Hungary demands action over pollution

Tuesday, 14 March, 2000

The Hungarian Government has asked Romania to take immediate action to identify and, if necessary, close industrial plants that pose a serious danger to the environment.
The request comes after two recent spills from Romanian mines, which led to large-scale pollution in the river Tisza, the Danube's largest tributary.
Deputy State Secretary Gabor Bagi summoned the Romanian Ambassador Petru Cordos on Tuesday to warn him the situation was "extraordinary and serious".
He urged Romania to start "immediate, comprehensive studies" of industrial plants close to the tributaries of the river Tisza to avoid further pollution.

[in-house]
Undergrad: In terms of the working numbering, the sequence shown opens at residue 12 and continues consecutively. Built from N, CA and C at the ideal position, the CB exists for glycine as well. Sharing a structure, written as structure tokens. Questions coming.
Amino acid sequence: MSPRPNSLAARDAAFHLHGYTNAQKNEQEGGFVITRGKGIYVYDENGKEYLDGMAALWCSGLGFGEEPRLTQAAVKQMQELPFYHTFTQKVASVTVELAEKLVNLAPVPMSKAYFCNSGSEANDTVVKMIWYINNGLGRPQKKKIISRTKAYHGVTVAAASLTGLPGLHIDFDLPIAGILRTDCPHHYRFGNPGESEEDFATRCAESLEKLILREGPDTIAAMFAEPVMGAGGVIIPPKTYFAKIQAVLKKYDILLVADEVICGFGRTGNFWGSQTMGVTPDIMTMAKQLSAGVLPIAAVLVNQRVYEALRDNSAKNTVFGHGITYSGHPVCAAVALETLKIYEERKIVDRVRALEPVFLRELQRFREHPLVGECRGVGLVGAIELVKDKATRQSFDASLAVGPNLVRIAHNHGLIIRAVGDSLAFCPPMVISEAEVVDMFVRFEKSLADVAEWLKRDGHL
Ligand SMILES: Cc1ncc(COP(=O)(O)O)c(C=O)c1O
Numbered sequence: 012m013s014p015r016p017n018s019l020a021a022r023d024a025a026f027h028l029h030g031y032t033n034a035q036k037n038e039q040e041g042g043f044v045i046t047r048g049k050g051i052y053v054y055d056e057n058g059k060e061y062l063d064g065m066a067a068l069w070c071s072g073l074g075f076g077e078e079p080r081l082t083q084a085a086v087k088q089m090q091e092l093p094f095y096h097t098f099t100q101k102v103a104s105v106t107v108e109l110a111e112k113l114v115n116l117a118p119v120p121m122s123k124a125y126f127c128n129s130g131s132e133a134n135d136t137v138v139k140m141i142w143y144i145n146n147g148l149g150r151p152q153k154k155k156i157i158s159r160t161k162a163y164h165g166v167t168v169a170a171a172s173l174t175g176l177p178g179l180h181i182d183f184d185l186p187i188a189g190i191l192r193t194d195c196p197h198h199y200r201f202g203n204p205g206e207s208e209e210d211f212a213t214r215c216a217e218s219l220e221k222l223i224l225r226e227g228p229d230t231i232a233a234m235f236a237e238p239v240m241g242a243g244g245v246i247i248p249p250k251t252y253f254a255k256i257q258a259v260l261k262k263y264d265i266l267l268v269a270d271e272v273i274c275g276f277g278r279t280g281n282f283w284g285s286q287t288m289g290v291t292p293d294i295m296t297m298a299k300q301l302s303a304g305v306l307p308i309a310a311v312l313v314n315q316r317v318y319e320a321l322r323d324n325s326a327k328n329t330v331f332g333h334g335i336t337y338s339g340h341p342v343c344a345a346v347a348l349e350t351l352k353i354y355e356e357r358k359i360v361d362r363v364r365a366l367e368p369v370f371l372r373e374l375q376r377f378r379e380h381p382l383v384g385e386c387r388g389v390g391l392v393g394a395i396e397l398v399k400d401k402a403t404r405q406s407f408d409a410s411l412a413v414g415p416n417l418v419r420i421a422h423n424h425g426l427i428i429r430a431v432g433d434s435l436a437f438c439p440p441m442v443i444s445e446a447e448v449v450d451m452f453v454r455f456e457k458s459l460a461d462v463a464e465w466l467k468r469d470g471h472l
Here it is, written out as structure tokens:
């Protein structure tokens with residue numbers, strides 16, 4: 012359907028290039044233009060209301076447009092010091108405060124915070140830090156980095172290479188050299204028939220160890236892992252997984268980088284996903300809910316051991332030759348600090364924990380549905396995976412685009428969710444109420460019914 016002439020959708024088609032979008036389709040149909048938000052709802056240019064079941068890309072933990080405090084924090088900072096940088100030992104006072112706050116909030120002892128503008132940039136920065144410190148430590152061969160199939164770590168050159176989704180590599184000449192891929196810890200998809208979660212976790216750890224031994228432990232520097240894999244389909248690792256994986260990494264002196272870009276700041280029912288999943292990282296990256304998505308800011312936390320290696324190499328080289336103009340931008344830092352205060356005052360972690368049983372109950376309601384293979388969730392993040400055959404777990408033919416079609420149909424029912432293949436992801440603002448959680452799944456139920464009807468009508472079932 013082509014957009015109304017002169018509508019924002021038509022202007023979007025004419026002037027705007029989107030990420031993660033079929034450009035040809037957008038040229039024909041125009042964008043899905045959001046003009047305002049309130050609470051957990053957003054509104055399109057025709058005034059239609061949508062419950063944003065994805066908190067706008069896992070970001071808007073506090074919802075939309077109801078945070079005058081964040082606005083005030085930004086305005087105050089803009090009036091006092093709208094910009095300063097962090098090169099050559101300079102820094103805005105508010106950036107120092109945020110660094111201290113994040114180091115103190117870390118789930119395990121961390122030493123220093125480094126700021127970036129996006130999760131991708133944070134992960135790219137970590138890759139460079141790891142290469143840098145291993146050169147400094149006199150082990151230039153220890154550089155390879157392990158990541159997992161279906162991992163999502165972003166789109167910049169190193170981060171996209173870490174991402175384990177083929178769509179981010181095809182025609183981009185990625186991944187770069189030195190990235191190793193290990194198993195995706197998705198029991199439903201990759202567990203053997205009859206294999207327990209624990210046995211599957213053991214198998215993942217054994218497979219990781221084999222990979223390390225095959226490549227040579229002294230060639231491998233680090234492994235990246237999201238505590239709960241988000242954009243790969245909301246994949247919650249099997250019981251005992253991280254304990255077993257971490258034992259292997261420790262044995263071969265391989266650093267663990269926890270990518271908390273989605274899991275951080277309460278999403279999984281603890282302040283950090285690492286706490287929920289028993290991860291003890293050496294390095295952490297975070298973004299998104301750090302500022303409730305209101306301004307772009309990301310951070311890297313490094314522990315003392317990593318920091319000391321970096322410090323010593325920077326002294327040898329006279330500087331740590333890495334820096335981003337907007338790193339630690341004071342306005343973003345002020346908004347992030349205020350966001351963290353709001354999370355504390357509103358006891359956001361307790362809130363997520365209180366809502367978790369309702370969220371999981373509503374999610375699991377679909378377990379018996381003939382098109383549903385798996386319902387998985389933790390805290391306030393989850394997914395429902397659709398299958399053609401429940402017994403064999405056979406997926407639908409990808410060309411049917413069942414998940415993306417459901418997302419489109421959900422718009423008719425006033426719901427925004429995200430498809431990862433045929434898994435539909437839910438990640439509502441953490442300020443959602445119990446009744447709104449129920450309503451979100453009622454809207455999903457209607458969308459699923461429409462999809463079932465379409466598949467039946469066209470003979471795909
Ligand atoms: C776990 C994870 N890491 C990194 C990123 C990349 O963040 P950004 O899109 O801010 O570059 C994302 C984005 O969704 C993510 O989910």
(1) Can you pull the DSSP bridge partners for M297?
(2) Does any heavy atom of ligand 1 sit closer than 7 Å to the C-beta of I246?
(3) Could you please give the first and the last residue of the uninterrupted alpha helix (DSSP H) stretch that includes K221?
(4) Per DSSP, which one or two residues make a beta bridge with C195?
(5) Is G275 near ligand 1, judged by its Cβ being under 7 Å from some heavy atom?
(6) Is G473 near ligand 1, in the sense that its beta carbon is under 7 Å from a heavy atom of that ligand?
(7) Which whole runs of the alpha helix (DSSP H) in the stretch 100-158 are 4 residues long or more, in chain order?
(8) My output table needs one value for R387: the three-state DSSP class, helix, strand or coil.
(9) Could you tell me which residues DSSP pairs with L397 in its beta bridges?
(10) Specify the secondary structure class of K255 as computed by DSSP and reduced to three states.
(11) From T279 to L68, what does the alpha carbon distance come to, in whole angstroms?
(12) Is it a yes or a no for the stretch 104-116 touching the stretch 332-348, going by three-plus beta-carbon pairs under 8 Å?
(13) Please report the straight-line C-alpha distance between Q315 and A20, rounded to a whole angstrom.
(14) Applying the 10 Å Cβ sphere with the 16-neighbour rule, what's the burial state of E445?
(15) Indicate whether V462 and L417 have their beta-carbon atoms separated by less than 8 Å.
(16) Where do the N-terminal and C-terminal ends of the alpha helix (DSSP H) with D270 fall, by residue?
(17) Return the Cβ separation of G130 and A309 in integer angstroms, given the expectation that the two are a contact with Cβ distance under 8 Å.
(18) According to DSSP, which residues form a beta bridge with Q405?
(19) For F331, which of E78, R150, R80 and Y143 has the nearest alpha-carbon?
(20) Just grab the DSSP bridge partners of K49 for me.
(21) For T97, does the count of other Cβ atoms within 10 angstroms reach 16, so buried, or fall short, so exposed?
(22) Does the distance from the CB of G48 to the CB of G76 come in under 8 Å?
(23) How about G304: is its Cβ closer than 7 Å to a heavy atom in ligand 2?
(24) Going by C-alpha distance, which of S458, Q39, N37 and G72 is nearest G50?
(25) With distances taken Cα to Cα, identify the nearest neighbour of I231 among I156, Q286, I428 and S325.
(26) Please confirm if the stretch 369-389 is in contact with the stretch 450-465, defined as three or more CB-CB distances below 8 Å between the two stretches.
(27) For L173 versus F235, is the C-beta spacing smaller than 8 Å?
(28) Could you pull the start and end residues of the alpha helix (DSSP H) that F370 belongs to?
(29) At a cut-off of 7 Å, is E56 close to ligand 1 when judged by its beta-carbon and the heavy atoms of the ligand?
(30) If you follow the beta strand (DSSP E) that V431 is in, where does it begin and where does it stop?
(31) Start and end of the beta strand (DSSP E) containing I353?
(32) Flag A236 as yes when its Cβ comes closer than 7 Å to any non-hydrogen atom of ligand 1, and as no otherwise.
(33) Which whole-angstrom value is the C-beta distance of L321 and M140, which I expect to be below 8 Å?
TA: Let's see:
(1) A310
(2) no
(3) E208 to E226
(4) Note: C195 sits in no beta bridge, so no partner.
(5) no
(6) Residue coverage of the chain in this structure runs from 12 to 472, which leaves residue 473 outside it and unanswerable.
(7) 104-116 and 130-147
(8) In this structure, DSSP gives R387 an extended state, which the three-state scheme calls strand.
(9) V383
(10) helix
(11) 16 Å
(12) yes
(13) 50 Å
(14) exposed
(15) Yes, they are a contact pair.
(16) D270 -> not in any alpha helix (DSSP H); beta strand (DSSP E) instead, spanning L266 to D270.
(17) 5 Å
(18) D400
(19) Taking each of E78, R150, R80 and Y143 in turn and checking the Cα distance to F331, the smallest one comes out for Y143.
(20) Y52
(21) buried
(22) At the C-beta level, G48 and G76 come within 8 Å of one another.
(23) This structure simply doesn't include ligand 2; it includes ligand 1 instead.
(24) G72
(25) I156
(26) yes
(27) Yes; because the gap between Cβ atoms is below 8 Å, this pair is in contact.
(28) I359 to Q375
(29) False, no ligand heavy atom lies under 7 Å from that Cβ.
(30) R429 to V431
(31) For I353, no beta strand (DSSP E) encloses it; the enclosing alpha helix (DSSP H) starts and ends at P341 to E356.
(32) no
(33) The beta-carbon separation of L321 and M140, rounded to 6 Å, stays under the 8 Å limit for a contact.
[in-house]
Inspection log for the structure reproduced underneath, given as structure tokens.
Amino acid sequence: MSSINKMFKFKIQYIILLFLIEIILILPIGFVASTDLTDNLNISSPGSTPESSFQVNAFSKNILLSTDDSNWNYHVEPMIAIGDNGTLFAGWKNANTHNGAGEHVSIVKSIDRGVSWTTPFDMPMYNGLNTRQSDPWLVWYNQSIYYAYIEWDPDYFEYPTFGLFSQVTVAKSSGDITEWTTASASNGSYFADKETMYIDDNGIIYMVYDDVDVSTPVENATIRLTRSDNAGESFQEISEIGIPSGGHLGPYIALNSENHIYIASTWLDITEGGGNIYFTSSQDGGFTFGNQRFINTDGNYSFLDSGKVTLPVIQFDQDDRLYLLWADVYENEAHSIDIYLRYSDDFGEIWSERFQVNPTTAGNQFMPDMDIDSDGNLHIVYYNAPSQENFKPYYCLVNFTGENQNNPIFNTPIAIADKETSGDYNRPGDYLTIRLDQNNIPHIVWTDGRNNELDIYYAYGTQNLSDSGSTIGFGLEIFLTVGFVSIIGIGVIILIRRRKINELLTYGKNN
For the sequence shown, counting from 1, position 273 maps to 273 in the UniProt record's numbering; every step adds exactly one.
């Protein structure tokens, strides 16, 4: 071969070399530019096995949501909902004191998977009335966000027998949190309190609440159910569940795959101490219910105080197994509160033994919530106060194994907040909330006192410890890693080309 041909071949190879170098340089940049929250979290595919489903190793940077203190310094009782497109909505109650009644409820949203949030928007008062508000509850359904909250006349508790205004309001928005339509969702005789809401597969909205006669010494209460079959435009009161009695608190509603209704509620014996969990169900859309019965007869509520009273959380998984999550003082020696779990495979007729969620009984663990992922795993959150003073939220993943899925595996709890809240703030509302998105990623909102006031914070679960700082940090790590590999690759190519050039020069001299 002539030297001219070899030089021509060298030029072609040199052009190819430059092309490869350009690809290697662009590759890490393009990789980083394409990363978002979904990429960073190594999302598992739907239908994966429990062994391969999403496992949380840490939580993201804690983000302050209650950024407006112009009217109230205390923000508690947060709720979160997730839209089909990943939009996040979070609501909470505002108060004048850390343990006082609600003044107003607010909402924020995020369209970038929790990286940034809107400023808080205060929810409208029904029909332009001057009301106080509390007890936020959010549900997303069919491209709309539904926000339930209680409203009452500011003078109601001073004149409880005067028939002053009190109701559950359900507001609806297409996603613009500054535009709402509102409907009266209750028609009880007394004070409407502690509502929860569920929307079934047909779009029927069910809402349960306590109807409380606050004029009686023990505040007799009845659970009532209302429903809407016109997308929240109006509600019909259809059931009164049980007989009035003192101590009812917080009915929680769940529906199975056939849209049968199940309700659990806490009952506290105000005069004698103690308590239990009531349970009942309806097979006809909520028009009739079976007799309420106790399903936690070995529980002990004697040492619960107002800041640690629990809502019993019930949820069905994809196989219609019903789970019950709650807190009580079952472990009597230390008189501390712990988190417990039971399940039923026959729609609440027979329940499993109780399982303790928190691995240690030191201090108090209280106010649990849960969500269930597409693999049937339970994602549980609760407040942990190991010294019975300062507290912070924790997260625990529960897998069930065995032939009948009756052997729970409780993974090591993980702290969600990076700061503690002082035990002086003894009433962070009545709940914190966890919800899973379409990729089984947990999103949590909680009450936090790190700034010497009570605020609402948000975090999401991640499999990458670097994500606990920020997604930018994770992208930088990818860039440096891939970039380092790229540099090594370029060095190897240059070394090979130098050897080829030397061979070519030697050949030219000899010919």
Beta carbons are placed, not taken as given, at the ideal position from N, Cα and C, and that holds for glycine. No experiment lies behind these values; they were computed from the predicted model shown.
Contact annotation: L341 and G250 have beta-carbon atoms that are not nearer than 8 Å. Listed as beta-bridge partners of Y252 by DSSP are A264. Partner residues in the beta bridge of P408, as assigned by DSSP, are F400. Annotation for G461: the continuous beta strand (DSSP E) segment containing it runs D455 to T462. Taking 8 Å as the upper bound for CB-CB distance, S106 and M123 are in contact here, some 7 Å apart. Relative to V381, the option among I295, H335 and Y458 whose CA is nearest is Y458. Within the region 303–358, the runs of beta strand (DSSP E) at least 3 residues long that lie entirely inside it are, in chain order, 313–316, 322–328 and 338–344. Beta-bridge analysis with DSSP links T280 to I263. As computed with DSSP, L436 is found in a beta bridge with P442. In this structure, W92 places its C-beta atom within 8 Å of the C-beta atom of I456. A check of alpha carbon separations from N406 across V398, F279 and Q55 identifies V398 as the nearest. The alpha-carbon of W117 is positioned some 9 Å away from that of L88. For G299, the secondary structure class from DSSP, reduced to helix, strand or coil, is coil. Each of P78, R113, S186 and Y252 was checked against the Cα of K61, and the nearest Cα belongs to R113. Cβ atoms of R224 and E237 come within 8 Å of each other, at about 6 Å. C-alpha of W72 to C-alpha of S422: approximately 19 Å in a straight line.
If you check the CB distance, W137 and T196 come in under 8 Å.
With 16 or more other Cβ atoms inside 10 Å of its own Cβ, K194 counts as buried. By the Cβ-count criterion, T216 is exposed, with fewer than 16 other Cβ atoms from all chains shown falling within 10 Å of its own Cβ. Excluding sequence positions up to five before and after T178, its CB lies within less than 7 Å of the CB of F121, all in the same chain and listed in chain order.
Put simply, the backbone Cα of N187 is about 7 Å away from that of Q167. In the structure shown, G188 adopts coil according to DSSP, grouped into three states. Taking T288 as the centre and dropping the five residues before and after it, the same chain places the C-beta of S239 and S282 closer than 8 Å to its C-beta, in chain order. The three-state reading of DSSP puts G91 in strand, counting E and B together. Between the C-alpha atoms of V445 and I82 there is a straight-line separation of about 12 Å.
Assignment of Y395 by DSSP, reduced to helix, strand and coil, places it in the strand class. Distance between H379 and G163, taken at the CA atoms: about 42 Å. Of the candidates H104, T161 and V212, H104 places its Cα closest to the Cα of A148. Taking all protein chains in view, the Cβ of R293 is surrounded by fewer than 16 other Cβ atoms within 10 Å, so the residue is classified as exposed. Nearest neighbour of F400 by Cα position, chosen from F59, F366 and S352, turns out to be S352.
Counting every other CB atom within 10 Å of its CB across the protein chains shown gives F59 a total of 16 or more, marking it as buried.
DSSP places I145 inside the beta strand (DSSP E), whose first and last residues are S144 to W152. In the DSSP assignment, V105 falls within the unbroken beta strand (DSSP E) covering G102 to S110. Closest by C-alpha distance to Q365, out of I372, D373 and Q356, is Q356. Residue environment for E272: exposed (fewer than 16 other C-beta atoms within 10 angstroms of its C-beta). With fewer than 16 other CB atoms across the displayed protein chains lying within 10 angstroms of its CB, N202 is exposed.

Toxic sludge
The latest spill reached Hungary at dawn on Monday after a dyke burst in the Baia Borsa mine of northern Romania last Friday.
It released 20,000 cubic metres of sludge containing zinc, lead and copper which darkened a 70km (43 mile) stretch of water.
By Tuesday, it had reached Hungary's north-eastern Tiszaloek dam and was diluted by spring flooding, the water management authorities said.
They have sealed a canal that provides drinking water for 250,000 people in the eastern city of Debrecen.
Experts from the United Nations are currently assessing the damage.
Hungary has said it will seek the help of the European Union in identifying further potential environmental disaster spots in Romania.
It has also offered Romania expert assistance to make safe their potentially hazardous technologies.
The spills have been described as the most serious environmental disaster to hit eastern Europe since the accident at the Chernobyl nuclear plant nearly 15 years ago.

Original article